Polish chickens aren’t cold-hardy; most hens completely stop egg production during winter or significantly decrease weekly eggs.

Polish hens rarely go broody; they’re not very good sitters if you’re looking for a hen to hatch eggs. But on the other hand, as they don’t go broody, you’ll have a reliable egg supply, except during winter.


Polish chickens don’t only look cute; they make excellent pet chickens, as they love the company of humans. They’re calm, docile birds that are a great choice if you have small children. They can, however, be curious and flighty. It’s not uncommon to find a Polish roosting in a tree instead of the coop.

polish chicken

Together with Silkies, and Frizzle chickens, Polish are a popular family choice because of their friendly nature, decent egg-laying skills, and cuddliness. The main difference between keeping Polish or Silkies is that Silkies quickly go broody, and Polish don’t, which is something to keep in mind when you’re not planning to hatch eggs.

Because of their massive crest, they can’t see very well. Polish chickens are, therefore, skittish and scared easily, especially when you approach them without making noise. It’s always best to let a Polish chicken know you’re on your way by talking to them or making plenty of noise when coming closer. They need a bit more extra pampering than other breeds if you want them to become lap chickens or pet them.

Polish chickens are not the most confident birds and are mostly low in the pecking order. They can be bullied when placing them with assertive breeds, so before adding extra chickens to your flock, always check the breed’s character.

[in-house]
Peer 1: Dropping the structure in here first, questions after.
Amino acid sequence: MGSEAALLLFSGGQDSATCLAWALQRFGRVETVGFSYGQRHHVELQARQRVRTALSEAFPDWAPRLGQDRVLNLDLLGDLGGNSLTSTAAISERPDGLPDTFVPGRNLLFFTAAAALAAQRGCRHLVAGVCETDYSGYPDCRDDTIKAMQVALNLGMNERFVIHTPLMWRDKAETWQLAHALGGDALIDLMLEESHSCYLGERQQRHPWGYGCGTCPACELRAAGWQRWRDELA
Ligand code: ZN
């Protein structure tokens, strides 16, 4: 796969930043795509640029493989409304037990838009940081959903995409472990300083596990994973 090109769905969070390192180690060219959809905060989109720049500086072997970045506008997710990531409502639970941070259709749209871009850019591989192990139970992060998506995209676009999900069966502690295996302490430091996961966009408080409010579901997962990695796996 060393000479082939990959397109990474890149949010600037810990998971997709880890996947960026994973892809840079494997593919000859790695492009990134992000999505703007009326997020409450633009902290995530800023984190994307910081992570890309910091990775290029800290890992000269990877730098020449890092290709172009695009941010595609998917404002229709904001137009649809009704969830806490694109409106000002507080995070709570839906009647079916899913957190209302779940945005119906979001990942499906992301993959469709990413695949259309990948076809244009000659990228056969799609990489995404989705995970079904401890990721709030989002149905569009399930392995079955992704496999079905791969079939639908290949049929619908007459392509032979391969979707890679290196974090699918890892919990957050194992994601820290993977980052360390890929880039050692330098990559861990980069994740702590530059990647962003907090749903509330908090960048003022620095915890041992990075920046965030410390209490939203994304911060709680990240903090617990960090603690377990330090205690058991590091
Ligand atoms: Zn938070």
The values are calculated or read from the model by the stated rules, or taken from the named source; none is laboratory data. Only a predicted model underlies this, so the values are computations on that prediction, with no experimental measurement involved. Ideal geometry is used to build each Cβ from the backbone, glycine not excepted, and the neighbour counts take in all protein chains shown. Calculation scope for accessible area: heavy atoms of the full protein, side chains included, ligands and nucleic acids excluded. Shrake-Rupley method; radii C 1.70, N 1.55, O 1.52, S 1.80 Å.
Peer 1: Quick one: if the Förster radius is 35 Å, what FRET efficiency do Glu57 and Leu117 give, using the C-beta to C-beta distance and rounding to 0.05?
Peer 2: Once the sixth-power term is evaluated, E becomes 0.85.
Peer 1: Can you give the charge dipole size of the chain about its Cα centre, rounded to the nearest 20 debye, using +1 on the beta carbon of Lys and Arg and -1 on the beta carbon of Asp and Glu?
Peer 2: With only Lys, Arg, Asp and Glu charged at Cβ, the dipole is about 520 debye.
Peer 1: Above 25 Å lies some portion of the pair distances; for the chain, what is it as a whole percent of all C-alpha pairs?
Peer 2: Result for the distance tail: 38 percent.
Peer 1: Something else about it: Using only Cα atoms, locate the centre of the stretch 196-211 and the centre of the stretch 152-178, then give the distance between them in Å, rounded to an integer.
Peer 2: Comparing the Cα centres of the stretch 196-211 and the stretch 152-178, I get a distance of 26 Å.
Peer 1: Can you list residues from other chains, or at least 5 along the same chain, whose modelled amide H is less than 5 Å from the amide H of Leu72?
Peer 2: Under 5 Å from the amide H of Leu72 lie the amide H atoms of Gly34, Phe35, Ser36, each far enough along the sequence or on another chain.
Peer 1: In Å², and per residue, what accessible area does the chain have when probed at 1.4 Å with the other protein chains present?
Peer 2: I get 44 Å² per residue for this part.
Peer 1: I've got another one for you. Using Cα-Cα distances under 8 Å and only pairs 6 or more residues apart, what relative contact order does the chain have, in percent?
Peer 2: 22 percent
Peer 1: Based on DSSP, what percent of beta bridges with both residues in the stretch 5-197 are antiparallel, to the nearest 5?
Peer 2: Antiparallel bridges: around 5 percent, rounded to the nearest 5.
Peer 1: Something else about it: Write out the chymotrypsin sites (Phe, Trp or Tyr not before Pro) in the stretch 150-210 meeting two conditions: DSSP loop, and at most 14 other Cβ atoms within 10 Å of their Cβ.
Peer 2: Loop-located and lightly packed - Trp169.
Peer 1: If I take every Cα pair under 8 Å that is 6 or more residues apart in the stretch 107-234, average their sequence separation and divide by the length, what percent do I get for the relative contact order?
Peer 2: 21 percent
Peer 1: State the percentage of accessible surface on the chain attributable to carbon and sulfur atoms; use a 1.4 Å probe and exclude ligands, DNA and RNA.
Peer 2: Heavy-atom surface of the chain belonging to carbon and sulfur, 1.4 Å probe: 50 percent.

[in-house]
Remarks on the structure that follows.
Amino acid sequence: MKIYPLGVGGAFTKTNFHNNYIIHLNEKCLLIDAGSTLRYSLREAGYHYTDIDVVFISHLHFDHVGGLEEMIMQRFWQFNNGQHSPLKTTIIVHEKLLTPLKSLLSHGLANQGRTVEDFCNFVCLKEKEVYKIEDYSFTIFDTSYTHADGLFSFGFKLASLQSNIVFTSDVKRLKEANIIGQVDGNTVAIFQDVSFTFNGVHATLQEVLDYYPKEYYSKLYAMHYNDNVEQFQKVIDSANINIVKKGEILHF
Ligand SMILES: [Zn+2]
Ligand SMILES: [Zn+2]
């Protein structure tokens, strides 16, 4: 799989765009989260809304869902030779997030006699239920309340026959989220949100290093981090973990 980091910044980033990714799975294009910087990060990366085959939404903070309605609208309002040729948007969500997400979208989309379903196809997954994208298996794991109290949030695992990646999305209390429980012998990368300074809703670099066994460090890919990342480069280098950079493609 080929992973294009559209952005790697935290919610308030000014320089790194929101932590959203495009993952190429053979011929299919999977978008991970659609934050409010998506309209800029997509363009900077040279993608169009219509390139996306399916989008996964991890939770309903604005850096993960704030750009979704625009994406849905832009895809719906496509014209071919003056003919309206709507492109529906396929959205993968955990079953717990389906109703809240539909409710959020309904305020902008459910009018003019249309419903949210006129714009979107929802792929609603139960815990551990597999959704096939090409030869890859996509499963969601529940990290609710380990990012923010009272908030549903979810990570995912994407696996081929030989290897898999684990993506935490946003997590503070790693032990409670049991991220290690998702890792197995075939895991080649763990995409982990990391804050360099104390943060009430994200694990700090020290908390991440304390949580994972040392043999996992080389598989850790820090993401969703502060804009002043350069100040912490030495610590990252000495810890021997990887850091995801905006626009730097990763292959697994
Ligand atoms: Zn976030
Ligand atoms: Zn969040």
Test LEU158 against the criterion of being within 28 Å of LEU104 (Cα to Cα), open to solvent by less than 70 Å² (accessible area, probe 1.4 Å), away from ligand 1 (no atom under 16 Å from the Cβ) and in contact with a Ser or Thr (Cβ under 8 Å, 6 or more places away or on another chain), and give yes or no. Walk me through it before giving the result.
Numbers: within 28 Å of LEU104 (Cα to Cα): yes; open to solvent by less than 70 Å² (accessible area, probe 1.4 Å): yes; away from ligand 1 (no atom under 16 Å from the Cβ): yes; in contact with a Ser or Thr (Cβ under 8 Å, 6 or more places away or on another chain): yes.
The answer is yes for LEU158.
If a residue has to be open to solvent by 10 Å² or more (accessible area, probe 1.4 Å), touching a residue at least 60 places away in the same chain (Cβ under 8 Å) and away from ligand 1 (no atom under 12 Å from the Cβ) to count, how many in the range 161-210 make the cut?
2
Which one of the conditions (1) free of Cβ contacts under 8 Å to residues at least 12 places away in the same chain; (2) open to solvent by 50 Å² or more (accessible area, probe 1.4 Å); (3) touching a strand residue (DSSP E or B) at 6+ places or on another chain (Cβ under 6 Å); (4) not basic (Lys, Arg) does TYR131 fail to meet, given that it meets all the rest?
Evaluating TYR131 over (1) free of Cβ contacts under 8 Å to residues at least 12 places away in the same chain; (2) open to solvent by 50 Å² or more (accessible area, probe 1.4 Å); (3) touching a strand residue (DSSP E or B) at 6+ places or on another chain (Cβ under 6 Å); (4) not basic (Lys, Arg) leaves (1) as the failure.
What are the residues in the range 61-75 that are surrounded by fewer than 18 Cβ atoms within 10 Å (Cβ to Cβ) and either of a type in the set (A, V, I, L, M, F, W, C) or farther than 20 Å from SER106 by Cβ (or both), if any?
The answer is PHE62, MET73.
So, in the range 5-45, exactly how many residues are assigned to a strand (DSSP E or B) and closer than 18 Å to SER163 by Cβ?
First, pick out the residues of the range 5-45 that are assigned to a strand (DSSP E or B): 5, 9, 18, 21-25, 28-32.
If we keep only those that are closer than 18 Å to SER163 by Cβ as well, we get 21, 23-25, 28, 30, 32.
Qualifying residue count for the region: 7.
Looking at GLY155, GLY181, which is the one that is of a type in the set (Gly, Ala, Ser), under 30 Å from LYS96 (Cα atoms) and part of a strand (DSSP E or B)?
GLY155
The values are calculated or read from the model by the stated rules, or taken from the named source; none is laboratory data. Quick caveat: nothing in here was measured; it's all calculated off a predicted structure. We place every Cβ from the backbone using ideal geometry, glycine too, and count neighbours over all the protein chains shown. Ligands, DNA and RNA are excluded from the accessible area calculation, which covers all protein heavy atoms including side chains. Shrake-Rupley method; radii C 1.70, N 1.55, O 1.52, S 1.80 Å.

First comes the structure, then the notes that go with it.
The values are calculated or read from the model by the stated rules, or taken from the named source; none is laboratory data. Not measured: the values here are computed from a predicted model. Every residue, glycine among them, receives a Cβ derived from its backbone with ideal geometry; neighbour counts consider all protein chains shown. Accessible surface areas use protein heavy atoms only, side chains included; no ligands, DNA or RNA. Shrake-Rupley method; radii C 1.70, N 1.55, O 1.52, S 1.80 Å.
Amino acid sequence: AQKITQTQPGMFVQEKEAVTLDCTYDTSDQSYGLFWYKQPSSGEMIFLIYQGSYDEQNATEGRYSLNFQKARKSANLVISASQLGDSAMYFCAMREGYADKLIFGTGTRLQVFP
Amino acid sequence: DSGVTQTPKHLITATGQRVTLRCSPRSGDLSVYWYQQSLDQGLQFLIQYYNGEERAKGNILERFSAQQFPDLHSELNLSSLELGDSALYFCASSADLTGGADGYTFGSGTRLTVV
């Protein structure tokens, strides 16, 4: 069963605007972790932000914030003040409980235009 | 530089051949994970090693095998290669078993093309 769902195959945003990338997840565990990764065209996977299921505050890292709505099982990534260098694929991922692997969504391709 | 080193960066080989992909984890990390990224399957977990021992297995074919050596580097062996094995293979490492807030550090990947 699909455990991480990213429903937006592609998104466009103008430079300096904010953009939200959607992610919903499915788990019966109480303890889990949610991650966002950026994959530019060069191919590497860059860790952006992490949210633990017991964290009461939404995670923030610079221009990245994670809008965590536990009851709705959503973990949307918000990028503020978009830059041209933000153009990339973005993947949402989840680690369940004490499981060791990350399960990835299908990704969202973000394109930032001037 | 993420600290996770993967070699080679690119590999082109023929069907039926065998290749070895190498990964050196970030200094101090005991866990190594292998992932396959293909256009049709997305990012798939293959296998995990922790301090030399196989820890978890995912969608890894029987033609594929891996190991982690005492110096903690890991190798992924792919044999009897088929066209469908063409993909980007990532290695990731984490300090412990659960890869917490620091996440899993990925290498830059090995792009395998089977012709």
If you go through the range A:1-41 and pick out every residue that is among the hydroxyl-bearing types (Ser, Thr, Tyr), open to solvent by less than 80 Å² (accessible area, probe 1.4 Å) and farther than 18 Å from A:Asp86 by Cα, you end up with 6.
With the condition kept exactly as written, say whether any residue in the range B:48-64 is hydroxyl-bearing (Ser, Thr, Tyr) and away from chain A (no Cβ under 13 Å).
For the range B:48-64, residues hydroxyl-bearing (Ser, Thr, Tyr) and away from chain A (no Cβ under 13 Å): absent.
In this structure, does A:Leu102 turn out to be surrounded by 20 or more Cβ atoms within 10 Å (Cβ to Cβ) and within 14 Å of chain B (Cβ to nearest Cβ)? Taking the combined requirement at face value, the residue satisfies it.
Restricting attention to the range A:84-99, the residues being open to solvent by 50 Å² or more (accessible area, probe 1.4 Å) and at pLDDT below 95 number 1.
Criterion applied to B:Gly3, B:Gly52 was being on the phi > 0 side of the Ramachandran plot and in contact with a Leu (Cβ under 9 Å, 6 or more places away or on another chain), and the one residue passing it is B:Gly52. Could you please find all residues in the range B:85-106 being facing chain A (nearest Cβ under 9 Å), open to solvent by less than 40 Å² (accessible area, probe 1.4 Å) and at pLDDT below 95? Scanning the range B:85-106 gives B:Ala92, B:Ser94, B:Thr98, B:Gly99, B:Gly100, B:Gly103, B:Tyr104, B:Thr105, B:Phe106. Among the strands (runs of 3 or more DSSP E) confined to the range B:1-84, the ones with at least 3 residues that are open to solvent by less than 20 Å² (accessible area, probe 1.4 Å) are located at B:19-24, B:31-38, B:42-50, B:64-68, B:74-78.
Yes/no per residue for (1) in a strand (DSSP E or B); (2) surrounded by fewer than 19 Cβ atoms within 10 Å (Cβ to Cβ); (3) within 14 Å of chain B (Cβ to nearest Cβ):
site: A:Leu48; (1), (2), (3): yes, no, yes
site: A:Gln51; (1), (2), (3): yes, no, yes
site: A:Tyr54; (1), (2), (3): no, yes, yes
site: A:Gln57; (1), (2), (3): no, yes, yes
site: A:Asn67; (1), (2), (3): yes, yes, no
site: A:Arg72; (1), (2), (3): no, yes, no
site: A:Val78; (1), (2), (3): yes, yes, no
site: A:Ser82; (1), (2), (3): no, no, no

Breeds that mix well with Polish: Silkies, Faverolles, Orpingtons, Cochins, or Green Queens.

Breeds to avoid because of their dominant nature: Rhode Island Reds, Wyandottes, Plymouth Rock. These breeds are not aggressive but tend to be high in the pecking order and are much more assertive.

Polish chickens don’t like cold and wet climates because their crest can get soaked and cool down the bird. They prefer to be kept in warm and dry climates and are heat-hardy when provided with shade, shelter, and water.


Polish chickens can be easily recognized due to their unique characteristics. Their crested feathers look like a giant pom-pom. They’re an excellent addition to your backyard flock; kids love them! However, there are some things to consider.

Polish do not like cold and wet weather and are best kept in dry and warm climates. They’re not very confident birds and are mostly low in the pecking order. It’s best to keep them with friendly breeds like Silkies, instead of assertive breeds like Rhode Island Reds.

Because of their massive crest, they can’t see very well and can be quite skittish. If you’re willing to give them extra care and attention, they’ll reward you with up to 150 eggs per year.

Polish are great-looking chickens, so they made our ‘10 Fancy Chickens That Go Viral On Social Media‘ list.

To learn more about chicken breeds, check out our ‘Chicken Breeds Page‘ to see every specific breed we address. Or go to our listicle breed summary on ‘The Classroom‘, or, if you’re unsure where to start, take a look at our ‘Chicken Breeds: Ultimate Beginners Guide‘.

Or, if you haven’t had enough of fluffy chicken breeds, check out our article ‘10 Fluffy Chicken Breeds That Are Kid Friendly‘.

Chicken Fans Editorial Team

The editorial team consists of 3rd generation chicken owners Kat, journalist, editor-in-chief, and Nick, working with illustrators and specialists in the field.